What Happens If You Can’t Serve Someone Court Papers?
Many individuals have the misconception that your lawsuit begins when you file your lawsuit and accompanying paperwork with the courthouse. Doing this creates a case within your local judicial system, but the court does not grant you any judgment just because you filed a case. In fact, the court does not even consider whether the law entitles you to any judgment until after the other party has been served process.
Being served process is another way of saying being served with court papers. “Process” refers to a copy of your lawsuit and instructions for how to respond to that lawsuit that are given to the other party in your case by a process server or other legally authorized individual. Once the other party has been properly served with process, then the process of resolving your case begins in earnest.
In many situations, a party is served when they are personally handed a copy of the process by the person attempting to serve them. In other cases, residential service may be permissible and a person is served when a copy of the lawsuit is left at their residence with a suitable adult living there.
Some individuals who file a lawsuit may consider serving process as an afterthought. However, if the other party is never properly served, this can have significant repercussions on your case. Exactly what happens will depend on what efforts you have made to serve the other party and what, if anything, the other party has done to make service more difficult.
Why Serving Another Party Can Be Difficult
In today’s world when you can ship a package or a letter to anyone in the world in a matter of days, it may be difficult to imagine a scenario under which someone cannot be served with legal documents. However, unlike delivering a package, serving court papers on a person requires compliance with laws and local court rules. Simply leaving court papers on a doorstep is not an option.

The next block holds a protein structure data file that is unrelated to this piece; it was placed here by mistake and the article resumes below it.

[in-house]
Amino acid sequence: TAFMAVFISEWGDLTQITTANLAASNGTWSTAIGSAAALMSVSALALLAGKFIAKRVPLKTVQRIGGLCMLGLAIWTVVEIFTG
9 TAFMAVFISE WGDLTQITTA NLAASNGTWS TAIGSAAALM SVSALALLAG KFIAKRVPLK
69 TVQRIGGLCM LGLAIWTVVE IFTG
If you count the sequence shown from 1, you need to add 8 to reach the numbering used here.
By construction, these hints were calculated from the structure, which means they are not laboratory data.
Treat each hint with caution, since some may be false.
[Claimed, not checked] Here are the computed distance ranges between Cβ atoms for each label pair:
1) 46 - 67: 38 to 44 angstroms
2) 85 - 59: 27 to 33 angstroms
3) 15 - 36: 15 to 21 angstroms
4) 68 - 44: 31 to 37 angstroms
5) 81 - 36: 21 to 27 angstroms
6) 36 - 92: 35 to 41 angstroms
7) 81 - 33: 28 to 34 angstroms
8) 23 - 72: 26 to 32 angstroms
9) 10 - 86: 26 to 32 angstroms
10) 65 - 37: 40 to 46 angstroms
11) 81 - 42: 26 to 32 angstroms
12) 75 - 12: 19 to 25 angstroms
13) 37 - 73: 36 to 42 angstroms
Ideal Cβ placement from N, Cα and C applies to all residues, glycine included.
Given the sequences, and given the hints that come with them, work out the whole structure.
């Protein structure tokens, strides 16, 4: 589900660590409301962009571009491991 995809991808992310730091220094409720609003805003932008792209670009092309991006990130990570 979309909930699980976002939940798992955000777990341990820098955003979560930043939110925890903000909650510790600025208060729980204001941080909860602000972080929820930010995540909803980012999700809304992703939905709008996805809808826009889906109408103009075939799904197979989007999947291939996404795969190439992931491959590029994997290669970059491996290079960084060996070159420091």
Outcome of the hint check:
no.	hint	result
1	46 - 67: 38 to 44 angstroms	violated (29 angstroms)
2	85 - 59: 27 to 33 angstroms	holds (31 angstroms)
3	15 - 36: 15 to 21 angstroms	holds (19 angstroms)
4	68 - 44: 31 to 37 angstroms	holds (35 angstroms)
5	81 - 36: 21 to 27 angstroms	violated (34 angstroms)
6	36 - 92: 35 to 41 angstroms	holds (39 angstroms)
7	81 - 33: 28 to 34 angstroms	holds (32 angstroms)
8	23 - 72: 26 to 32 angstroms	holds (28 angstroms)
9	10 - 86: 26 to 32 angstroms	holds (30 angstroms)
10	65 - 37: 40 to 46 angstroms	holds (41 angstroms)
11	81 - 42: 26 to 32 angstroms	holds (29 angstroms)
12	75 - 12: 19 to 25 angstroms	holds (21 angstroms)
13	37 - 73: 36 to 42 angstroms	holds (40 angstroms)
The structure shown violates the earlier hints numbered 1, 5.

In the vast majority of cases, the court will want to see that you have attempted to personally serve the defendant with court papers. This can be challenging for a number of reasons:
You might not have a valid address where the party can be served
The other party might have recently changed residences or their place of employment
The person you are trying to serve might have an unpredictable schedule
The other party is not a resident of the U.S. and frequently travels internationally
Beyond these reasons, the other party might deliberately avoid your process server, thereby making it difficult to serve them with court papers.
However, just because you have trouble in serving another party does not do away with their right to be informed of your lawsuit and given a chance to contest it.
Alternative Forms of Service
So, what happens if you cannot find the other party to serve them with process? First, the court will likely require that you attempt one or more alternative forms of service on the other party. Every state has various options available for serving a party who is difficult to find personally. These alternative forms of service can include:
Serving Court Papers at the Party’s Residence
If a party cannot be served personally, you may be able to serve them at their residence. If you can find the principal residence of the other party, you can leave court papers with any adult over the age of 18 years who also resides at that residence. When this procedure is followed properly, the court will assume that the other party received notice of your lawsuit from the adult living at the residence to whom you gave the court papers.
Serving Court Papers Through Certified Mail
A court might also allow you to serve a party with court papers by delivering them via certified mail. If this form of service is authorized by the court, you serve the other party by:
Mailing all required court papers to the other party at their last known address
Mailing these court documents via certified mail, return receipt requested
Waiting until you receive the green postcard indicating that the other person has either picked up the mailing or has refused to claim it
Filing the green postcard with the court as evidence that you have either served the other party successfully or have at least attempted service